The labour market for youth has been improving for some time; however the overall impact of the crisis on young people remains significant. Unemployment still affects 20.3% of young people who are active in labour market, and remains a major challenge in nearly all Member States, together with an increased risk of long-term unemployment (at around a 6% level in the fourth quarter of last year). Long-term unemployment, although growth slowed down by the end of last year, still affects 4 % of the EU labour force (Chart 5), with the rate reaching nearly 8 % or more in Ireland, Latvia, Lithuania, Slovakia and Spain. Even if the overall trends during the last year points to a slight recovery of the labour market, long-term social risks are apparent, especially for specific sub-groups, including young people, migrants and low-skilled.
Chart 4: Unemployment rates for the EU by gender, young and total
Chart 5: Long-term unemployment in the EU and selected Member State
How affected are other groups of workers?
The labour market has also started to stabilise for most of the other population subgroups, however the marked impact of the crisis on migrants and the low-skilled is still evident. Nearly 20% of active migrants from non-EU countries and around 15% of the active low-skilled persons in the EU are unemployed, and although the increase in long-term unemployment has been slowing down, it remains a risk for migrants and low-skilled (in the fourth quarter of 2010 at 8.0% and 7.4% respectively). The impact of the crisis on the risk of poverty or exclusion is beginning to appear in some Member States. Material deprivation and especially its components relative to 'economic strains' reflect the social impact of the crisis. These developments are particularly worrying in the Baltic States, Ireland, Spain, Greece and Hungary.
How have labour costs and productivity progressed recently?
Labour productivity growth in the EU regained its upward momentum, growing by 2.1 % in the first quarter of 2011, if compared to the first quarter of 2010 (Chart 6). Following the economic crisis, labour productivity growth in most EU15 Member States became negative in 2008 and 2009, but in 2010 it became positive in all Member States, except Greece. The latter showed for the first time since the third quarter of 2008 positive productivity growth – all be it at the very low rate of 0.1 % - while Germany, along with countries like Bulgaria, Lithuania, Finland and Slovenia, posted a steady growth (> 3 % in the year to the first quarter of 2011). Developments in the real effective exchange rate (based on unit labour costs) show that notably Germany, Poland and Sweden increased their competitiveness, while several other Member States including Italy, Greece and Spain, sustained losses.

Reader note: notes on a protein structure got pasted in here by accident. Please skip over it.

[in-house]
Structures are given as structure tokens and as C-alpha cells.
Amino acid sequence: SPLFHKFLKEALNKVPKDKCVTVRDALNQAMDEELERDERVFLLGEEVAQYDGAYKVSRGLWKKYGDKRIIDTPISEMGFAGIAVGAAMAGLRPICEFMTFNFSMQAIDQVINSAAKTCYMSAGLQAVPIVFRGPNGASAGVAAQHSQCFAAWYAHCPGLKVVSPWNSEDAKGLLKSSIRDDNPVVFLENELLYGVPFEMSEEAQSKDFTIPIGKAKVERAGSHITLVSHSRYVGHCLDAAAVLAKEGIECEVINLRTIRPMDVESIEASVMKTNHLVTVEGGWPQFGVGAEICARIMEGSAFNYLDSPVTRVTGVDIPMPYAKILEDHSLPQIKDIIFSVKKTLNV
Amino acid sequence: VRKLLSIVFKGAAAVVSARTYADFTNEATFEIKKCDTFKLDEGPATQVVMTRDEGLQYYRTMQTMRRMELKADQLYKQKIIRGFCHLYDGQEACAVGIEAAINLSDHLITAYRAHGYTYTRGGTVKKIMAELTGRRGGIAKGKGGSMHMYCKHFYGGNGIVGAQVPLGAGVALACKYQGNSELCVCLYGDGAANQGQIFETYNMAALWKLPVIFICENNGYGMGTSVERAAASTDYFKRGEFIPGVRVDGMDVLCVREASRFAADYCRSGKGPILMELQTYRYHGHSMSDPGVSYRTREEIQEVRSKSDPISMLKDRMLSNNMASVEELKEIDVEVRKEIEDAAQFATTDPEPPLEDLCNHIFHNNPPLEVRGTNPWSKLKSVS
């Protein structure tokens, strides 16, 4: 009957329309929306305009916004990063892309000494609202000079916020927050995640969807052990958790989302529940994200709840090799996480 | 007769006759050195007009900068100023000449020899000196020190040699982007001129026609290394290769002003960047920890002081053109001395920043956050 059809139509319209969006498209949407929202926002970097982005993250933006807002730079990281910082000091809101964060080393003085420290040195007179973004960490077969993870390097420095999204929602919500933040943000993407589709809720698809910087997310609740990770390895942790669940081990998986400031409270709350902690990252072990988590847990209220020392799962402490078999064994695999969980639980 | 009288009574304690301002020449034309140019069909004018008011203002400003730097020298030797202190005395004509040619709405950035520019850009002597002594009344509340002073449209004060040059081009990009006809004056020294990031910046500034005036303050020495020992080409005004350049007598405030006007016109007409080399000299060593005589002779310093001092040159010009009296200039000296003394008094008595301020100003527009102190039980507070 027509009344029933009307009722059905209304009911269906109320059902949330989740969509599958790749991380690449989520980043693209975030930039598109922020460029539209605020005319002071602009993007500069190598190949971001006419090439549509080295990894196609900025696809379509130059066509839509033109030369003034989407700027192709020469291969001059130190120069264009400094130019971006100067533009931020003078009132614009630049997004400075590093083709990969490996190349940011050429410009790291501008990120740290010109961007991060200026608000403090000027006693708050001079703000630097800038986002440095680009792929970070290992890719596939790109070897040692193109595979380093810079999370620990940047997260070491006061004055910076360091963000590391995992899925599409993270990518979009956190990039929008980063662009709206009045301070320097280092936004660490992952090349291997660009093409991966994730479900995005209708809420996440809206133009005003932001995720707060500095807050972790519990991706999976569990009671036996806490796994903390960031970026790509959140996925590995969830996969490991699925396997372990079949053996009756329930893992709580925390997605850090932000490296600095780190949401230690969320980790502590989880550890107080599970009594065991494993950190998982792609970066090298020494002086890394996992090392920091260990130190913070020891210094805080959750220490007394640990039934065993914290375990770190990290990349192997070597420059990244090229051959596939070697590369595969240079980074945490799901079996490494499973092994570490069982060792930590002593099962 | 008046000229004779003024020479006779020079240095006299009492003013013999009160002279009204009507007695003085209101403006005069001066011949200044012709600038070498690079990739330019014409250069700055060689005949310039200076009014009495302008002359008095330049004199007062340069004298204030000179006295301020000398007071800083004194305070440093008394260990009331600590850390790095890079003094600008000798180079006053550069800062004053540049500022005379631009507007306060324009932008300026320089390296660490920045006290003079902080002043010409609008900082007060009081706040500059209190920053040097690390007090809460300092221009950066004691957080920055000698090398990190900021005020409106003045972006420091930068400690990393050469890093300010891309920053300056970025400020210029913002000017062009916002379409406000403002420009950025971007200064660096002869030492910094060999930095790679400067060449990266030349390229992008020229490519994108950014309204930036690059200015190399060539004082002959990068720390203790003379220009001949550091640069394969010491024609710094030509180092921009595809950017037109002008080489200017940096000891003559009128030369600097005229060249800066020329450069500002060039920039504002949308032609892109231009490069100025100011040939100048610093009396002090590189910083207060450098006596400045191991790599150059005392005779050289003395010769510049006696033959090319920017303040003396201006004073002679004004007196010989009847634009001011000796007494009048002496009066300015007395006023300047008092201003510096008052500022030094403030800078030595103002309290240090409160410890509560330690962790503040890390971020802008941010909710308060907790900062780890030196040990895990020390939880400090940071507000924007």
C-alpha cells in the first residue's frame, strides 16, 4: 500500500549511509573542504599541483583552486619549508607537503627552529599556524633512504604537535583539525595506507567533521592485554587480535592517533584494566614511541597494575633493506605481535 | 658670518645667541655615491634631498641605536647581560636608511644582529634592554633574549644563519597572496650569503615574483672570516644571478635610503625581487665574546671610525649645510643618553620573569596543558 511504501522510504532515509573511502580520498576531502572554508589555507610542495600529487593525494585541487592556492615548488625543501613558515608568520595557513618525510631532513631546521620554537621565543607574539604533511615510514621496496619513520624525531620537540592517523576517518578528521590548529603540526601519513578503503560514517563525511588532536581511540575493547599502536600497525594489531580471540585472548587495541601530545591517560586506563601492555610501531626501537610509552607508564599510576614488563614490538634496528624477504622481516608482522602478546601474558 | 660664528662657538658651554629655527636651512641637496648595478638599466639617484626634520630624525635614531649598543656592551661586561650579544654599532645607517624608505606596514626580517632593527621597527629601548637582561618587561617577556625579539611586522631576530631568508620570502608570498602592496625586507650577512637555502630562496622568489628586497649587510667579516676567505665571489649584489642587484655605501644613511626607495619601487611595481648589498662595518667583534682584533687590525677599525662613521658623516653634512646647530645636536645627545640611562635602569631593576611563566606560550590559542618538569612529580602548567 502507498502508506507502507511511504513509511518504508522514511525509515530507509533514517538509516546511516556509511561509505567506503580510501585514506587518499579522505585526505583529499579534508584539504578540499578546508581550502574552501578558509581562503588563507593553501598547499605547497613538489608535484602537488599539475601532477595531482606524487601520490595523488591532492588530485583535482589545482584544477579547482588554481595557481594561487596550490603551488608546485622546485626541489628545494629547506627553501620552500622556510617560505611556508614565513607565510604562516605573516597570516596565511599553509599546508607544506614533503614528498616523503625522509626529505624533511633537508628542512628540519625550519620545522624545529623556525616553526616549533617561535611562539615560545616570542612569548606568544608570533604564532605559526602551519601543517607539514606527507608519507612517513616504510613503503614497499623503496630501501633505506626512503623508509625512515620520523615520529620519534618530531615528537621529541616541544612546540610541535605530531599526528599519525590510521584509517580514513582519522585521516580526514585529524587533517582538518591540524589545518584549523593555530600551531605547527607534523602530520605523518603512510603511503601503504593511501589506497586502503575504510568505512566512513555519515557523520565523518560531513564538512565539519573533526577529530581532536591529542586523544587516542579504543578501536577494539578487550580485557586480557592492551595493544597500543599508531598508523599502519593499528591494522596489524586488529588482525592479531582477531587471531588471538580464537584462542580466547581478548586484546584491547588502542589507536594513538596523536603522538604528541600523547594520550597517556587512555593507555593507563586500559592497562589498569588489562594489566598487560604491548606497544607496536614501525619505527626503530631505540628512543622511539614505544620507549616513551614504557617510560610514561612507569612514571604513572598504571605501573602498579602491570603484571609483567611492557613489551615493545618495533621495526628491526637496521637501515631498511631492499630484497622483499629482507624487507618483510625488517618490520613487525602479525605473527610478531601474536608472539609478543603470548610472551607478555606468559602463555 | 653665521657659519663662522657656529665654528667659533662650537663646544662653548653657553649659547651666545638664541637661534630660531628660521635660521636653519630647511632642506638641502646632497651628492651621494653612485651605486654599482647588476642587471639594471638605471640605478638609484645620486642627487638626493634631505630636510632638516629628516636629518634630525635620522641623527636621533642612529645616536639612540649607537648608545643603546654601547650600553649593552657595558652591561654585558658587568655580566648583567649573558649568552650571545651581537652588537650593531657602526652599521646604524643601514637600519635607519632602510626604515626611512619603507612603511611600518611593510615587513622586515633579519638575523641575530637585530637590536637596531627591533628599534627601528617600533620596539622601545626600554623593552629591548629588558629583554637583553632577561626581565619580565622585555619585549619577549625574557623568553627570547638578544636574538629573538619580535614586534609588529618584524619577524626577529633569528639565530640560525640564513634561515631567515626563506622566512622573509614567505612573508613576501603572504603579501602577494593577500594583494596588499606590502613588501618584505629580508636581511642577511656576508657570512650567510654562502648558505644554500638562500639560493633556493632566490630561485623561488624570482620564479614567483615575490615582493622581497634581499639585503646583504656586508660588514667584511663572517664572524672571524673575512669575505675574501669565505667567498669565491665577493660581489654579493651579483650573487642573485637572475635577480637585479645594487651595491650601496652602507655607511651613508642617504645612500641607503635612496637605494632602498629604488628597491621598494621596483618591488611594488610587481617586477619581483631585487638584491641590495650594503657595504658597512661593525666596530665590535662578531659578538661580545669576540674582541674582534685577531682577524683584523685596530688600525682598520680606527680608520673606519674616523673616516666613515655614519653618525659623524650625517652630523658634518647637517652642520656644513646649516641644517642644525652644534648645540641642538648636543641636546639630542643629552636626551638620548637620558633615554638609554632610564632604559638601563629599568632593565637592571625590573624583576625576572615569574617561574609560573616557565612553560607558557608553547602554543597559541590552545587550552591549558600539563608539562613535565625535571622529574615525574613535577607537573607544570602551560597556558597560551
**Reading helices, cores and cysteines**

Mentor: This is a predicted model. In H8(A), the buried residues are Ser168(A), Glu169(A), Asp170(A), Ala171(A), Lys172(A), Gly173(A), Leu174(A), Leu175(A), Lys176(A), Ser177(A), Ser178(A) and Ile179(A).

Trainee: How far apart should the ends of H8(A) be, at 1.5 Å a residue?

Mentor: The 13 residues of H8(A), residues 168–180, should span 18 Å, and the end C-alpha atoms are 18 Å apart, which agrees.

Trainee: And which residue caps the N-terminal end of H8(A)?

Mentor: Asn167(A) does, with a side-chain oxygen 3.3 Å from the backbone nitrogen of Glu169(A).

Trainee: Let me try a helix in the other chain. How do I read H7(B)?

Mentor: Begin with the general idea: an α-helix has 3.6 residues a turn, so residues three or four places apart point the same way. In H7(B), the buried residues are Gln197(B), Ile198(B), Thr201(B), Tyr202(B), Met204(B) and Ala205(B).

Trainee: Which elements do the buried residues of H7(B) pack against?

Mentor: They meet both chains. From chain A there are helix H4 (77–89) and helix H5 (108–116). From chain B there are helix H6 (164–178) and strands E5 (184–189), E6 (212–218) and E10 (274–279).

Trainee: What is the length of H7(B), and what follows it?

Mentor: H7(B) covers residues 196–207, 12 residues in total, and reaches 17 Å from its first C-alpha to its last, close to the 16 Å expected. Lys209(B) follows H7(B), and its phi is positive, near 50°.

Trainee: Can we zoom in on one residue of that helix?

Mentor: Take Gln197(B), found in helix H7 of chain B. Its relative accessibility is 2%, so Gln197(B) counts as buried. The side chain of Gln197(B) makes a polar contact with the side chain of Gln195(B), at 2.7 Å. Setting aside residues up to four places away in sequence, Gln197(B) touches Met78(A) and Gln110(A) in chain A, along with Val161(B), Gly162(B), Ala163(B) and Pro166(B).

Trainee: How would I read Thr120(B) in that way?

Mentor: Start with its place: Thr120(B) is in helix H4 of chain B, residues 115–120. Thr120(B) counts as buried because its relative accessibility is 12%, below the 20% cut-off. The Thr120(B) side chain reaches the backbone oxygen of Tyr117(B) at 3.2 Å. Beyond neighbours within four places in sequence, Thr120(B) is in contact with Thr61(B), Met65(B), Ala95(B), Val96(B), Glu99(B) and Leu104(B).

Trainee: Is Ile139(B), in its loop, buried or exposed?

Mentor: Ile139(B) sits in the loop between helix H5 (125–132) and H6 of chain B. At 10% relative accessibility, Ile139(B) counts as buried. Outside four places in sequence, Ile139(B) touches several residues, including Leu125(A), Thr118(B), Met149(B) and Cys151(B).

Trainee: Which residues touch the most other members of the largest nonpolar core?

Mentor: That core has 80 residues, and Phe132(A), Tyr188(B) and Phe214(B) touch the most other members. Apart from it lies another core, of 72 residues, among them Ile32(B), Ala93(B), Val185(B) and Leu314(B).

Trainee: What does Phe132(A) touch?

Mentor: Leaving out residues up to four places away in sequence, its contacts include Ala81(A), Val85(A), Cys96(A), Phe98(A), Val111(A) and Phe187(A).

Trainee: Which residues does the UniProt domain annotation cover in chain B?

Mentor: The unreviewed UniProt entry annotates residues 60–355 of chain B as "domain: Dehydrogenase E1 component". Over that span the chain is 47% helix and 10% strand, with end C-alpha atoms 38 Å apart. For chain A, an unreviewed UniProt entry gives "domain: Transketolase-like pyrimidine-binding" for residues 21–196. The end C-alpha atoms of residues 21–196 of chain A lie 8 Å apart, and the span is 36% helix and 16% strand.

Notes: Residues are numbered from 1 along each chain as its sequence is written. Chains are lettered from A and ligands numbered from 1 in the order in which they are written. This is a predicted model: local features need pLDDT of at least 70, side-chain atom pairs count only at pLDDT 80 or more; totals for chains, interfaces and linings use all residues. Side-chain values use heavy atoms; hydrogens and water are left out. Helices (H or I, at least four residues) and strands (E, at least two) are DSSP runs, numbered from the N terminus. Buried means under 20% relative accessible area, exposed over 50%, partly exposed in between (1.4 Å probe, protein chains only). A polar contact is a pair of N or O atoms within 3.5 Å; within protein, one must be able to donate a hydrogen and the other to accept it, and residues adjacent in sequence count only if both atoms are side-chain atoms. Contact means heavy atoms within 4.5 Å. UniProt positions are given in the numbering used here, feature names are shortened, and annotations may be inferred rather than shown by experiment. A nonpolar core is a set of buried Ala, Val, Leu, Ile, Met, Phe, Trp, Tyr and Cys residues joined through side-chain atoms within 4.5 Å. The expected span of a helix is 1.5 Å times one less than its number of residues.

Chart 6: Annual productivity growth in the EU
What is the labour market outlook?
Demand for labour is slowly improving after the crisis and an increasing number of posts are not filled. Firms' hiring plans and expectations are easing, pointing to newly growing uncertainties in the labour market. The restructuring activity reported in the European Restructuring Monitor declined further in April and May 2011. Announced job losses continued to outnumber announced job gains but the gap continues to narrow. Major job creation has been announced in some sectors, including manufacturing and real estate - business activities.
This edition of the Quarterly Review analyses the volunteering sector, linked with the "European Year of Volunteering" and takes a closer look at the situation on the labour markets in Belgium, Denmark, Finland, Greece, Poland, Portugal, Slovenia, Spain and Sweden. Labour markets in Belgium, Finland, Slovenia and Sweden have almost recovered from the crisis, while the situation is more mixed in Denmark and Poland. Conversely, unemployment remains persistently high or even increases in Greece, Portugal and Spain.
Quarterly EU Labour Market Review – Summer 2011: